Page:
Focus Area 1: Disaster & Community Resilience
- Resilient infrastructure
- Emergency evacuation
- Impact of disasters on vulnerable communities
- Wind effects on buildings, other structures, and community
CEE researchers are working on novel methodologies to extend our understanding of the actual impact of disasters on communities by providing the decision makers’ and communities’ perceptions of the risks and constraints shaping their environment, across a range of ages, income, ethnicity and functional abilities. The ultimate goal is to create more effective evacuation and emergency response strategies and policies that reduce the community-dwelling public vulnerability to injury or death in hurricanes in the Florida, the state with the greatest hurricane susceptibility in the U.S.
Focus Area 2: Intelligent Mobility and Logistics
- Intelligent transportation systems
- Smart logistics and optimization
- Connected and automated vehicles
- Traffic operations and safety
Many states across the U.S. experience a fast growth in demand for passenger and freight transportation. Failure to meet this growing demand may cause a number of negative externalities, including traffic delays, congestion, environmental pollution, crashes, monetary losses, and business interruptions. CEE faculty use advanced analytical methods to improve the effectiveness of traffic operations and ensure safety of infrastructure users. Intelligent transportation systems, simulation models, and optimization models have been developed to assist various stakeholders in Florida and across the country with better utilization of the existing infrastructure and available resources. Moreover, additional projects are currently conducted to provide a smooth transition towards connected and autonomous vehicles and their efficient deployment in Florida.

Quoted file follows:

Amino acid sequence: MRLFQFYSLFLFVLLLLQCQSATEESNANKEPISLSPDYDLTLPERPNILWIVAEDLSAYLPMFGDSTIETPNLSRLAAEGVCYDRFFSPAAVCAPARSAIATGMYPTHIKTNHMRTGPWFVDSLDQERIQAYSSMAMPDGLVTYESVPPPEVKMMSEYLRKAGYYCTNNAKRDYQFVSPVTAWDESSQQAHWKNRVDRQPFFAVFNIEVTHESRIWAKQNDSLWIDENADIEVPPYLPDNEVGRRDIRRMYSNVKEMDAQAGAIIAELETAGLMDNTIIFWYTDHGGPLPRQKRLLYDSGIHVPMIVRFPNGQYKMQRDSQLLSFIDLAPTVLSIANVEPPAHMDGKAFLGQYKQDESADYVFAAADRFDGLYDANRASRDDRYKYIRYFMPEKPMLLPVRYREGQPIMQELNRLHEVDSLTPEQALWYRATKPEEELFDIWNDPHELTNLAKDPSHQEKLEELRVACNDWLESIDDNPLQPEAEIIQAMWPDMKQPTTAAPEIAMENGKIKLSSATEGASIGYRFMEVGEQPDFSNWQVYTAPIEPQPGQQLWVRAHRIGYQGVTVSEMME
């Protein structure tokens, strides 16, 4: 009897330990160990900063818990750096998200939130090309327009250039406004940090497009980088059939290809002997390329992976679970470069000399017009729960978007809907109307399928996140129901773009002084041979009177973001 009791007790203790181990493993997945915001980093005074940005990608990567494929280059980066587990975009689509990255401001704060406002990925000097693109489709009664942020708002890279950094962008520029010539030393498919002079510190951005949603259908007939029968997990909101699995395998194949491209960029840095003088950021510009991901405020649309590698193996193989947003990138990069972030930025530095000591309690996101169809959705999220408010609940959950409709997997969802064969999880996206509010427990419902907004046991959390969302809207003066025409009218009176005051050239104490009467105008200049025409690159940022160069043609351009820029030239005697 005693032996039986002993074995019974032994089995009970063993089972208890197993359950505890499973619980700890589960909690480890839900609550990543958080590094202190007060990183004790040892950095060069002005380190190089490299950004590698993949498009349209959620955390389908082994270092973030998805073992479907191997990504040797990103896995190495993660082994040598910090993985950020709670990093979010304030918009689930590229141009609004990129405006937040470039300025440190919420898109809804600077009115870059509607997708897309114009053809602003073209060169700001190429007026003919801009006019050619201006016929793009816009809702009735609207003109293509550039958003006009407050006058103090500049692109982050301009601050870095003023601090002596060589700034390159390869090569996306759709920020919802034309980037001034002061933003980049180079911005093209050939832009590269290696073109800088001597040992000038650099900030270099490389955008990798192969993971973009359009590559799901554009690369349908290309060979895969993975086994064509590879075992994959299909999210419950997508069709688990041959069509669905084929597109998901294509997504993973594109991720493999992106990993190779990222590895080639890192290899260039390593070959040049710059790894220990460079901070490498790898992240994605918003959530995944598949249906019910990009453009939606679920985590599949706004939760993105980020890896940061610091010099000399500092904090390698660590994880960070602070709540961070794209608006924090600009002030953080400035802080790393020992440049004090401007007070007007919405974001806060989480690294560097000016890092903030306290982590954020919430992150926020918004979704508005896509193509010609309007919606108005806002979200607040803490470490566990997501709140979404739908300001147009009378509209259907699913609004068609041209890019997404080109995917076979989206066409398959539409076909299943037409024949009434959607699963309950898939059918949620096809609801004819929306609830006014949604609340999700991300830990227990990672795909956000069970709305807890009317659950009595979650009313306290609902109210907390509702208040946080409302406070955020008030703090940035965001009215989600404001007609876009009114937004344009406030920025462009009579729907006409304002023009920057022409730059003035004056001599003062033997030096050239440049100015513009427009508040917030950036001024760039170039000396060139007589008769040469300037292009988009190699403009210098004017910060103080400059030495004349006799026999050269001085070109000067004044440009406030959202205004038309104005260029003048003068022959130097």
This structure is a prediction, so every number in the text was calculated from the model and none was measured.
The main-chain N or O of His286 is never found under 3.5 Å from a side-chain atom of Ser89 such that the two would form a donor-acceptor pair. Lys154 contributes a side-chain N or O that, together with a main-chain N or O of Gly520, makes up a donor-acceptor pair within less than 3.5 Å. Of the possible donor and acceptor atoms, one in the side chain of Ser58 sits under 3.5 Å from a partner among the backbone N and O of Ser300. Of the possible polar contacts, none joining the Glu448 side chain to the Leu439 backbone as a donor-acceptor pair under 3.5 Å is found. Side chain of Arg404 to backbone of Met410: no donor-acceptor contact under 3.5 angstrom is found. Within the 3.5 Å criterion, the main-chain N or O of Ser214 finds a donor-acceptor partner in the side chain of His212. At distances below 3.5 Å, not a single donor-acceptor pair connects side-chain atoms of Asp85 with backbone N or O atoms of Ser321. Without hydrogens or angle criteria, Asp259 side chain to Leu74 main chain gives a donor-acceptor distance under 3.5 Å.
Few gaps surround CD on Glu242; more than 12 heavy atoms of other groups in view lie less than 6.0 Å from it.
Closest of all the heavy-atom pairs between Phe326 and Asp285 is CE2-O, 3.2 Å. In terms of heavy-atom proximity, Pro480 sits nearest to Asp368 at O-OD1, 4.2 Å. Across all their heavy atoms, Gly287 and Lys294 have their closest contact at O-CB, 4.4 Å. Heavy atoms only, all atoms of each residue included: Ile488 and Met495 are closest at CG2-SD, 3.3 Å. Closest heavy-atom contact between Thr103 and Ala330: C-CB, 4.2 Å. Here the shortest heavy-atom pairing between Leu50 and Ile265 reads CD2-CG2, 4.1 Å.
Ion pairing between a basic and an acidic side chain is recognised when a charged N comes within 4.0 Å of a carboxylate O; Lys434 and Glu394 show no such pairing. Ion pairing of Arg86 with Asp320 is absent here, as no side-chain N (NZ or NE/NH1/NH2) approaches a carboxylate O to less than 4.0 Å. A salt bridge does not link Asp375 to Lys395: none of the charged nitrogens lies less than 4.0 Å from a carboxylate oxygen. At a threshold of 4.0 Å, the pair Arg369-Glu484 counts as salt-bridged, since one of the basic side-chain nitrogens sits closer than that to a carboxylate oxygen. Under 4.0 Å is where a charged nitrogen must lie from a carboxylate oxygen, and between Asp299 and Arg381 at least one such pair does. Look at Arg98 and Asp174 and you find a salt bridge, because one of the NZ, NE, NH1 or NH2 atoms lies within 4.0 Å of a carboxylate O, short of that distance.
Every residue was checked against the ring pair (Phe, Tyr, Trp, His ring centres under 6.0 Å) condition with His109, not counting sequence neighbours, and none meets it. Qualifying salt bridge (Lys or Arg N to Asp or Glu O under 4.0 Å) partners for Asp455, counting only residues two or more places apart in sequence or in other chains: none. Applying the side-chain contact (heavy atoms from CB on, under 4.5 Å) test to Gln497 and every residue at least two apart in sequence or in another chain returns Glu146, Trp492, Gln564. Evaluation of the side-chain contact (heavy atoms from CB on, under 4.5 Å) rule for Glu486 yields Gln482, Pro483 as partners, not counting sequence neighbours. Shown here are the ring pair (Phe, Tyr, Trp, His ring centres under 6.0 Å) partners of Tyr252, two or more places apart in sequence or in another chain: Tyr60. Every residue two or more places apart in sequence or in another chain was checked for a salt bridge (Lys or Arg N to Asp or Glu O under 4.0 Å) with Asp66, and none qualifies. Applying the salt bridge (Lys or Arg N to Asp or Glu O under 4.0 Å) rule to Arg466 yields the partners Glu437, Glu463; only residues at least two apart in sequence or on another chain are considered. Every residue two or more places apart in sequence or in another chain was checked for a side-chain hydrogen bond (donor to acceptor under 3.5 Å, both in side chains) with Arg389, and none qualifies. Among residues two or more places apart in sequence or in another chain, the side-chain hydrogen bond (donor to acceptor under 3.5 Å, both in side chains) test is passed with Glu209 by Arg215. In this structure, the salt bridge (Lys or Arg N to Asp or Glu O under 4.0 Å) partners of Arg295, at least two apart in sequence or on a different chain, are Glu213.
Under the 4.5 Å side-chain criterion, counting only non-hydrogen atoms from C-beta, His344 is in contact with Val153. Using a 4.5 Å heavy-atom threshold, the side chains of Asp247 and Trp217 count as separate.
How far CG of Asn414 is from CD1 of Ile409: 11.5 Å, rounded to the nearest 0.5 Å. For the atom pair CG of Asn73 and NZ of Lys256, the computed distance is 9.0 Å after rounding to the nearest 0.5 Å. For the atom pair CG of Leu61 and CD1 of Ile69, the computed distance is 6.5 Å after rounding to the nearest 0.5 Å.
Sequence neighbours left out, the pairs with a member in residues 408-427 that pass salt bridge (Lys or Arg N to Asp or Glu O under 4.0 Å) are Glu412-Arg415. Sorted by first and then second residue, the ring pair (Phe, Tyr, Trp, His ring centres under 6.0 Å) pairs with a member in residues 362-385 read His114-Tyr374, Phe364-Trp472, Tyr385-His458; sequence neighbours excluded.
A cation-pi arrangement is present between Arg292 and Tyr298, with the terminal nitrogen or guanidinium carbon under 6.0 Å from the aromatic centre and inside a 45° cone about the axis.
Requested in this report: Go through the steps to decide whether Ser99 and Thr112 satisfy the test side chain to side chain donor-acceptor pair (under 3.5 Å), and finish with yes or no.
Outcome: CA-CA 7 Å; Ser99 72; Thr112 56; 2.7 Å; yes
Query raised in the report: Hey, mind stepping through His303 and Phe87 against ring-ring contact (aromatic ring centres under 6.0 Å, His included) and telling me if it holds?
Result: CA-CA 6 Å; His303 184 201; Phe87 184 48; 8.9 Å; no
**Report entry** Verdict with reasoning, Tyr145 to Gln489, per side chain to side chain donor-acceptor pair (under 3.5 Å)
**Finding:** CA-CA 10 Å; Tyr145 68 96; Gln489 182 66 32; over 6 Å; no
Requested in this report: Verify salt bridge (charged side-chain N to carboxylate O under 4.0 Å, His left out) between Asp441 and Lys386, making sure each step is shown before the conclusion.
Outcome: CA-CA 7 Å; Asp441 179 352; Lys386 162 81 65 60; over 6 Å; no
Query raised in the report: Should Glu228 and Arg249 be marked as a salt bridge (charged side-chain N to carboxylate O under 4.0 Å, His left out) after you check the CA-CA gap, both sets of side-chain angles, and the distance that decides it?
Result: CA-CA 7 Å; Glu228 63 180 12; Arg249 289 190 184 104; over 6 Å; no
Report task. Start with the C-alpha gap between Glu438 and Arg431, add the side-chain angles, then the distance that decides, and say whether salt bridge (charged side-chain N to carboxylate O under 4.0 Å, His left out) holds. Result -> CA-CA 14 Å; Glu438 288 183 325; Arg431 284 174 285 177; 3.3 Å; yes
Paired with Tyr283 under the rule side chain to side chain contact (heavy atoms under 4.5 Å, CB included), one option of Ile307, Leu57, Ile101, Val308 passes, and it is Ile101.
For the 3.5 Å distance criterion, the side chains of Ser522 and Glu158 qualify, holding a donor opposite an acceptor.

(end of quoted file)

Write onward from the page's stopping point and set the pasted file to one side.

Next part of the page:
Established as a Tier 1 University Transportation Center (UTC) and funded at $4.2 million by the U.S. Department of Transportation (USDOT), ASAP Center is a multidisciplinary collaboration organized to conduct research in the primary area of transportation engineering, as well as performing educational and outreach programs. With motivation from Florida's large number of senior residents, the reported relatively high involvement of seniors in traffic crashes nationwide, and their special needs for transportation, the theme of the center is to provide safe and accessible transportation to the aging population. The center is supported by a strong research team from various disciplines including civil and environmental engineering, urban planning, geography, psychology, sociology and health care management.
The RIDER Center was founded with the mission of achieving resilience for communities affected by natural disasters such as hurricanes and the COVID-19 pandemic. RIDER researchers address a myriad of inter-related infrastructure design and management challenges that affect community resilience, from designing innovative materials and structures to resist wind and water, to identifying critical escape and emergency response routes. We develop sustainable practices for removing debris and restoring infrastructure systems after disasters, improve processes for manufacturing and supply of goods and services, and predict the effect of climate and land use on water supply and quality. Our multi-disciplinary approach is uniquely effective, coupling engineering and technology-driven solutions with social and information scientists to identify at-risk populations and get that knowledge into the hands of government and community stakeholders. We serve at the nexus of engineering, science, and community.
Transportation Engineering Laboratory aims to develop innovative and novel solutions to meeting mobility, accessibility and safety needs. Fully equipped with the state of the art equipment and software, the laboratory research areas include connected and automated vehicles, smart cities and urban mobility, freight logistics and traffic operations and safety.